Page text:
Waders in the Water

Maryland residents get wet to monitor and improve stream health. 

Grab a bucket and net, and hoist up your waders, folks, it’s time to get dirty! About three times a year, volunteers participating in the Department of Natural Resources’ (DNR) Stream Waders program test stream health and other ecological barometers by sampling water from local streams and collecting benthic macroinvertebrates
(stream bugs). 

Stream Waders is the volunteer component of the Maryland Biological Stream Survey, or MBSS. Sampling is done in the spring during the same time volunteer training occurs. The Stream Survey samples each watershed (and smaller subwatersheds) in Maryland every five years.

 “Our first year, we noticed that in each watershed, there were a lot of subwatersheds missing,” says DNR biologist and Stream Wader coordinator Sara Weglein. “We had no information from them. So we decided that volunteers were a good way we could get more information. We think of Stream Waders as filling in the blanks.”

Volunteers receive training from MBSS biologists and learn about basic stream ecology, diversity and safety procedures. They then form into teams and prepare to get wet.

The goals of the program are to identify potential problems in streams, increase density of sampling sites for assessment use, educate the local community about the relationship between land use and stream quality, report quality information to agencies and organizations, and generate local action and stream stewardship ethics. Essentially, Stream Waders volunteers act as backup biologists.

“By looking at these bugs, we can really get an idea of what’s going on in the streams,” Weglein says. “With the limits of time and money, the biologists can’t be everywhere they want to be. But with volunteers, we can get out to so many places and get a better idea of what is going on in those streams.”

Volunteers are taught what initially causes stream pollution, (mostly urbanization and impervious surfaces). They are also given tips on what we can do to reduce stream pollution, such as clean up after pets, plant a tree, avoid fertilizing grass, and avoid mowing to the edge of a stream, to name a few. 

“In the long term we are generally hoping to continue to monitor and provide good scientific data,” Weglein says. “One of the main things is to increase stewardship and encourage local action. We do that by providing citizens and local watershed groups the tools and information that they need to know where their action should be directed.”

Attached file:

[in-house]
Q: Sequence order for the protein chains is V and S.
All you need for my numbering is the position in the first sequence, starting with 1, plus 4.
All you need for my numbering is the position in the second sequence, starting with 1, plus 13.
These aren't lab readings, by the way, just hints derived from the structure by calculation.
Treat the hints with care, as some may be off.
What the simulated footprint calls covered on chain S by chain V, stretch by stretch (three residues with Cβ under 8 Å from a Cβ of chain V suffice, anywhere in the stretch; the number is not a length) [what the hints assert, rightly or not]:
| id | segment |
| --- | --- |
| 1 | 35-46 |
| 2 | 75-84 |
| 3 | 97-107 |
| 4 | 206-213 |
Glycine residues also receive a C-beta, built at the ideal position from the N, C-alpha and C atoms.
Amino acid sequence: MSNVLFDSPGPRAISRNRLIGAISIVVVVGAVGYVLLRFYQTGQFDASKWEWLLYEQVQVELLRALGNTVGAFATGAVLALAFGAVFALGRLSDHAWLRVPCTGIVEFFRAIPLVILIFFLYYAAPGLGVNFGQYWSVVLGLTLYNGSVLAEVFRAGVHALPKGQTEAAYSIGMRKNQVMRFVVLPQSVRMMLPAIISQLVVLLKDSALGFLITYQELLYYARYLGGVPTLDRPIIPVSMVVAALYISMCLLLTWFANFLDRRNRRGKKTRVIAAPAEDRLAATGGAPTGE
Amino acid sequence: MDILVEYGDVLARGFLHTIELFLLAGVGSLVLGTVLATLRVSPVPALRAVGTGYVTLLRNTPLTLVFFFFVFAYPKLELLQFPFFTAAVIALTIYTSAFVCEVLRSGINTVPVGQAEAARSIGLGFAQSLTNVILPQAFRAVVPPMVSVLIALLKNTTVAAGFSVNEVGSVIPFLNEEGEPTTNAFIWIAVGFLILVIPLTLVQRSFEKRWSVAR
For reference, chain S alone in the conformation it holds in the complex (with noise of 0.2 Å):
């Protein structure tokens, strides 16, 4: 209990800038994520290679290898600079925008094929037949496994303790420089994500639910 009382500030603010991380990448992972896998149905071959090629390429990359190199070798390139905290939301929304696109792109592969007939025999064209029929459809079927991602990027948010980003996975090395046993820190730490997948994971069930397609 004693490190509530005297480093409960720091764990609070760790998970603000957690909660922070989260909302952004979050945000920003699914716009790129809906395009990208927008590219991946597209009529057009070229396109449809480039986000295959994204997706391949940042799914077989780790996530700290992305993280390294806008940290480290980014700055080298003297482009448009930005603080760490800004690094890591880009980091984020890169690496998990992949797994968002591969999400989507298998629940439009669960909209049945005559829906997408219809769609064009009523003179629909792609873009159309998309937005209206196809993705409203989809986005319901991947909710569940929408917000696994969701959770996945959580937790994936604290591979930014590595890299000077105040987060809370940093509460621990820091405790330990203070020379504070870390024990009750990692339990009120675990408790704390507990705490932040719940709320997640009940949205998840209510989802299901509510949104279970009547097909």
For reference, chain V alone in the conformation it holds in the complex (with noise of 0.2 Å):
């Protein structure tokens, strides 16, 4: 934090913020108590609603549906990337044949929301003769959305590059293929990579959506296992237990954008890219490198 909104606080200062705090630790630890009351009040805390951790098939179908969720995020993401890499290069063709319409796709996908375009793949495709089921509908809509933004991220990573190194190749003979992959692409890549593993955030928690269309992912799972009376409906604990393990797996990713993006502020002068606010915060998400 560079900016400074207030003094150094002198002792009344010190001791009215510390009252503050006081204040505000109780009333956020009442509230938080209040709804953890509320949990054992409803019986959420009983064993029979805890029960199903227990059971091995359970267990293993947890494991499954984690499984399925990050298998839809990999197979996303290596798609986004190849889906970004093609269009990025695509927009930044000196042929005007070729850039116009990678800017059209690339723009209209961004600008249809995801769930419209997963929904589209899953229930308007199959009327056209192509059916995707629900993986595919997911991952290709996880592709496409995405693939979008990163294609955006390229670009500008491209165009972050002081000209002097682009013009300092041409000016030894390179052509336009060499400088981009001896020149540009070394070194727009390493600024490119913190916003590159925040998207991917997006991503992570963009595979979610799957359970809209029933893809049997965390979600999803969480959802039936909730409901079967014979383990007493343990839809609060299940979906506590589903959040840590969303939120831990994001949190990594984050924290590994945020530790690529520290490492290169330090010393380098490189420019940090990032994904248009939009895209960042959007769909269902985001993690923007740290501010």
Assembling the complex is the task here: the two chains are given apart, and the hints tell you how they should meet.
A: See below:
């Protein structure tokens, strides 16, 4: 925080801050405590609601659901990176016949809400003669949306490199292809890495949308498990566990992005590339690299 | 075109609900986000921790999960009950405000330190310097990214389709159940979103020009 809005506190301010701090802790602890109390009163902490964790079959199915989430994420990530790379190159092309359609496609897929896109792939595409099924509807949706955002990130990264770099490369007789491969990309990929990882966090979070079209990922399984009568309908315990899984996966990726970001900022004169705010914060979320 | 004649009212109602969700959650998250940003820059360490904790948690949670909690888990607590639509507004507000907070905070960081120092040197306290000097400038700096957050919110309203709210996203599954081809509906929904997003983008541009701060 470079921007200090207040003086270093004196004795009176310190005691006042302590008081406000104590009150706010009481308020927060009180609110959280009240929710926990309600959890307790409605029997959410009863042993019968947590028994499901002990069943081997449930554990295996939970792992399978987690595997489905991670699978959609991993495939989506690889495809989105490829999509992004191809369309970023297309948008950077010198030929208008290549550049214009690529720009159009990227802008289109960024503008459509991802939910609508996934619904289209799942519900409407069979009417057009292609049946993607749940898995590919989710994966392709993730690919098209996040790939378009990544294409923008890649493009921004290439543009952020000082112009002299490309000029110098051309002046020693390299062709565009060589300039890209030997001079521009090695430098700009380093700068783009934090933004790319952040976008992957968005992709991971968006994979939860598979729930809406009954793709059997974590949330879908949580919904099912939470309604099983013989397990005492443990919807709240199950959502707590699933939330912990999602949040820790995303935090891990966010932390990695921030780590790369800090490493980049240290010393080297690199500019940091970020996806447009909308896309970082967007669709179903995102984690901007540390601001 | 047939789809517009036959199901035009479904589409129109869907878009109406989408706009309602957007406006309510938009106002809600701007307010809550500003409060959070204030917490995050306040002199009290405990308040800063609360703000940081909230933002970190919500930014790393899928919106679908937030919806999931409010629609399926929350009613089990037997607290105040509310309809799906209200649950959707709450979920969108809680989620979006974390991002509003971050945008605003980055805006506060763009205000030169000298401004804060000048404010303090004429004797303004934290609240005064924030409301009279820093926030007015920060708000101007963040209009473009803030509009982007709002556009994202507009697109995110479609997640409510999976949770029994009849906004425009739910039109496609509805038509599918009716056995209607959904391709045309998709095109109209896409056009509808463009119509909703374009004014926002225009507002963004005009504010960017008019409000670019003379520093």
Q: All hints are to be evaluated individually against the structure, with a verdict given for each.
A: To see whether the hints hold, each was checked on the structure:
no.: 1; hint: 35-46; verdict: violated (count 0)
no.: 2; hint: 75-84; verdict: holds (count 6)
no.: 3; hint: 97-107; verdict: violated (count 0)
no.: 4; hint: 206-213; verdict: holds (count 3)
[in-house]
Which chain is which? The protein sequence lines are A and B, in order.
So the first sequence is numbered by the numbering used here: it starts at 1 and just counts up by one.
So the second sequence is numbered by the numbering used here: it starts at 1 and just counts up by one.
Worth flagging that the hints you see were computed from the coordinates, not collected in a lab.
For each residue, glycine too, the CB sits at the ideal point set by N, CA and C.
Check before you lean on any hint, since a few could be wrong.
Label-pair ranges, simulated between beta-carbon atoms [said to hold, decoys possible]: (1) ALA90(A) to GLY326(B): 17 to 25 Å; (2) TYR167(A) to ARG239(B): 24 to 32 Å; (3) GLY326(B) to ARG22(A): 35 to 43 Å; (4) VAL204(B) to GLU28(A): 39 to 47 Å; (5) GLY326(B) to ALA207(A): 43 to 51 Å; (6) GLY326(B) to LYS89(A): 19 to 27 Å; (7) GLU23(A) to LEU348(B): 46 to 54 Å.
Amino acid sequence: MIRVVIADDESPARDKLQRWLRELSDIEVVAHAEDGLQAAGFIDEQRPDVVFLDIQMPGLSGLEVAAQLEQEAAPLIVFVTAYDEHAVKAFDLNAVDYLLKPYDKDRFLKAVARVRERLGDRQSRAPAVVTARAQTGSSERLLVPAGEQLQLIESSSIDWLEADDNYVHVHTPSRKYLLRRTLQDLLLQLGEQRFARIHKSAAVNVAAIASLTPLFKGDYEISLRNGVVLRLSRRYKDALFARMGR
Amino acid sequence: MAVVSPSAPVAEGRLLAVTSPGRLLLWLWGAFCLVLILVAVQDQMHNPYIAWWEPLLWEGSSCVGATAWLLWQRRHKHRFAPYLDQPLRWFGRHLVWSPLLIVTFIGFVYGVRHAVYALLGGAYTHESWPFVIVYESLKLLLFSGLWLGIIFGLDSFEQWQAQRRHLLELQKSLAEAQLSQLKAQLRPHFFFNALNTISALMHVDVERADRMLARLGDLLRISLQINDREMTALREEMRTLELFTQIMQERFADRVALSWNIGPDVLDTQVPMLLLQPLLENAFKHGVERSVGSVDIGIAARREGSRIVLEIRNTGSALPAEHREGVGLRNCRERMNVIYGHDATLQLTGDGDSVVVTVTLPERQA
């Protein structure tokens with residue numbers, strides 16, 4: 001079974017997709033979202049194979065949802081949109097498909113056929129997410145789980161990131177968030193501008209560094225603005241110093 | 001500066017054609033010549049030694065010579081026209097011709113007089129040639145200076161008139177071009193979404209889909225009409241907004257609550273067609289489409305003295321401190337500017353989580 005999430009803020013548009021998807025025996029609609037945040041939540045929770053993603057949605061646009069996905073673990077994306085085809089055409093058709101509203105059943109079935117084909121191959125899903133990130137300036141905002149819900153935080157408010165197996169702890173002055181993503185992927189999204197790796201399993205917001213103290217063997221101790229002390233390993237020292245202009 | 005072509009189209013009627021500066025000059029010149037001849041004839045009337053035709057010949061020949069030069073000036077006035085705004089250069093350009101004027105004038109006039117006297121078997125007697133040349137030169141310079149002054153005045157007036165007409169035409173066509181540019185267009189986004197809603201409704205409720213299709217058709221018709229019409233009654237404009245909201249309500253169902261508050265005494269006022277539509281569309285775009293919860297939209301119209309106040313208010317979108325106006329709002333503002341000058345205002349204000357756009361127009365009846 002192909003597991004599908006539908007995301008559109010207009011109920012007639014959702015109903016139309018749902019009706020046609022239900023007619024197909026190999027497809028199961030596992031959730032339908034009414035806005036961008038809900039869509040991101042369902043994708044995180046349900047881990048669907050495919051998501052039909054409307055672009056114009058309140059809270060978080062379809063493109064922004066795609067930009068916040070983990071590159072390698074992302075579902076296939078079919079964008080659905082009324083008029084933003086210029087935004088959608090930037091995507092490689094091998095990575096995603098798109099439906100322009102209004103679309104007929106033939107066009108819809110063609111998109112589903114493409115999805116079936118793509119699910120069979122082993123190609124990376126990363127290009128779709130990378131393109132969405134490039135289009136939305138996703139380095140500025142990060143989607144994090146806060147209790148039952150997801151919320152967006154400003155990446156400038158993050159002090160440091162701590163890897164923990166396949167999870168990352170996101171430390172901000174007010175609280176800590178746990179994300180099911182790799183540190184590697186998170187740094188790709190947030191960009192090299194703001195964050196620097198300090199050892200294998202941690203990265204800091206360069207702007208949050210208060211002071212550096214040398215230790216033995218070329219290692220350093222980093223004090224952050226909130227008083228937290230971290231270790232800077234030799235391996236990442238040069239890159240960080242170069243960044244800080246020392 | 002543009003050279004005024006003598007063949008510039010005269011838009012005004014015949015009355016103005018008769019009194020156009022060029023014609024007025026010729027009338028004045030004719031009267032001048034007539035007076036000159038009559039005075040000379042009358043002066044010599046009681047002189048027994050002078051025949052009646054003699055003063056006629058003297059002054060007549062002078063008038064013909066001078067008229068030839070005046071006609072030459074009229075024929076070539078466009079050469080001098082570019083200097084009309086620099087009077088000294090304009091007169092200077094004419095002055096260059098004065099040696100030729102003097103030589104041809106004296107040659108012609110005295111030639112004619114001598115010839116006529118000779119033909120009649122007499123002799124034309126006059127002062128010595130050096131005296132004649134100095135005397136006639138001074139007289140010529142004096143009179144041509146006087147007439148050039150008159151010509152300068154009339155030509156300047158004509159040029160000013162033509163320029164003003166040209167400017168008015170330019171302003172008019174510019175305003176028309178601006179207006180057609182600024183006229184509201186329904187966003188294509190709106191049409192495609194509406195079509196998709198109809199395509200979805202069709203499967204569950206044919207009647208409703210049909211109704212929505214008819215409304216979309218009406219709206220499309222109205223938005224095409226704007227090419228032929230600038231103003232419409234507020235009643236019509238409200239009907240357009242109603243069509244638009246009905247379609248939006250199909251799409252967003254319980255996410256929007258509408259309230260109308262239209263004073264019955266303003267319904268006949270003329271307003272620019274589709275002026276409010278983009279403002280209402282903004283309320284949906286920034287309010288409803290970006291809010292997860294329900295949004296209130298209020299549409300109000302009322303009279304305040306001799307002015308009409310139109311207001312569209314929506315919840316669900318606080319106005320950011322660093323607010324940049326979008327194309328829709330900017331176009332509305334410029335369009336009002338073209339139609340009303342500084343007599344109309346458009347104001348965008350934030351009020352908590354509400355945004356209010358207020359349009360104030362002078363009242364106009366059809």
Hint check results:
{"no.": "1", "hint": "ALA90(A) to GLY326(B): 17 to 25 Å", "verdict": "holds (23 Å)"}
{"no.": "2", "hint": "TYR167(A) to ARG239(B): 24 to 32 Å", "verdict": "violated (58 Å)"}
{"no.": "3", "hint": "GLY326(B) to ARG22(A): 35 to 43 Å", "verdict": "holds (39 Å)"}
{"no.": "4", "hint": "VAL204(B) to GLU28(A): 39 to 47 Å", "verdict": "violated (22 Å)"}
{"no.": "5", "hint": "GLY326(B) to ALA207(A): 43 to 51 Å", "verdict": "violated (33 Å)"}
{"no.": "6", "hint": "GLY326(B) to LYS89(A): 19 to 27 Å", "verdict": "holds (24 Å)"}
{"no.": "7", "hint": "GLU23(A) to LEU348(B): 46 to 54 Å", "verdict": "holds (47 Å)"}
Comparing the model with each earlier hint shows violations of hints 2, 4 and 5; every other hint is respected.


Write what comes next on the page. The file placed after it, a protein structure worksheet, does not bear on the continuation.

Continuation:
The Chesapeake Bay Program has embraced the information collected by the volunteers and uses it alongside data collected by nonprofits and professionals studying watersheds in Maryland.  

“Over the years, I think we’re reached over 7,000 sampling points,” says Dan Boward, one of the Stream Waders Program founders. “Just from sheer numbers we’ve learned a lot about where the real healthy streams are and where those that are degraded by various sources stressors are.”

Stream Waders and MBSS data are posted on the Maryland stream health website (, which provides an interactive map that allows people to search a certain stream through an address or landmark and reveals the stream’s health. 

 “I would say the biggest takeaway for the volunteers is getting out into nature and learning things they didn’t know before,” Boward says. “Especially for those who really haven’t been exposed to creatures in streams and rivers, they’re fascinated by those little invertebrates that we sample. It gives them a better idea of what these animals look like and their importance in stream ecosystems.”

Stream Waders welcomes volunteers young and old and from all over Maryland. “We’ve had several younger folks go through the program,” Boward says. “It’s a good teaching tool for youngsters, parents, teachers and students.”

The program has been educating Marylanders for 18 years now and draws about one hundred volunteers each year. The full 2017 schedule has yet to be announced, but Chuck Hatcher of Wheaton, Md., knows he’ll be
in attendance:

“I grew up with my dad teaching me how to fish, so I’ve always been oriented to the water,” Hatcher says. “I just enjoy being out there.”

Hatcher volunteers at the Jug Bay Wetlands Sanctuary and Greenbelt International Park, where he does trail maintenance, river cleanup, aquatic vegetation sampling and invasive species control. Being a loyal Stream Waders volunteer is just another way he enjoys getting out on the water and learning about stream health and diversity. 

“When you get a scoop of water that has dozens of different kinds of bugs in it, then you know the stream is pretty healthy,” Hatcher says. “That’s important to know. Clean water is vital
to everyone.”

To become a Stream Wader, visit and fill out the volunteer form. The first training session will be February 25 at the Smithsonian Environmental Research Center in Edgewater, Md.

—Taylor Bromante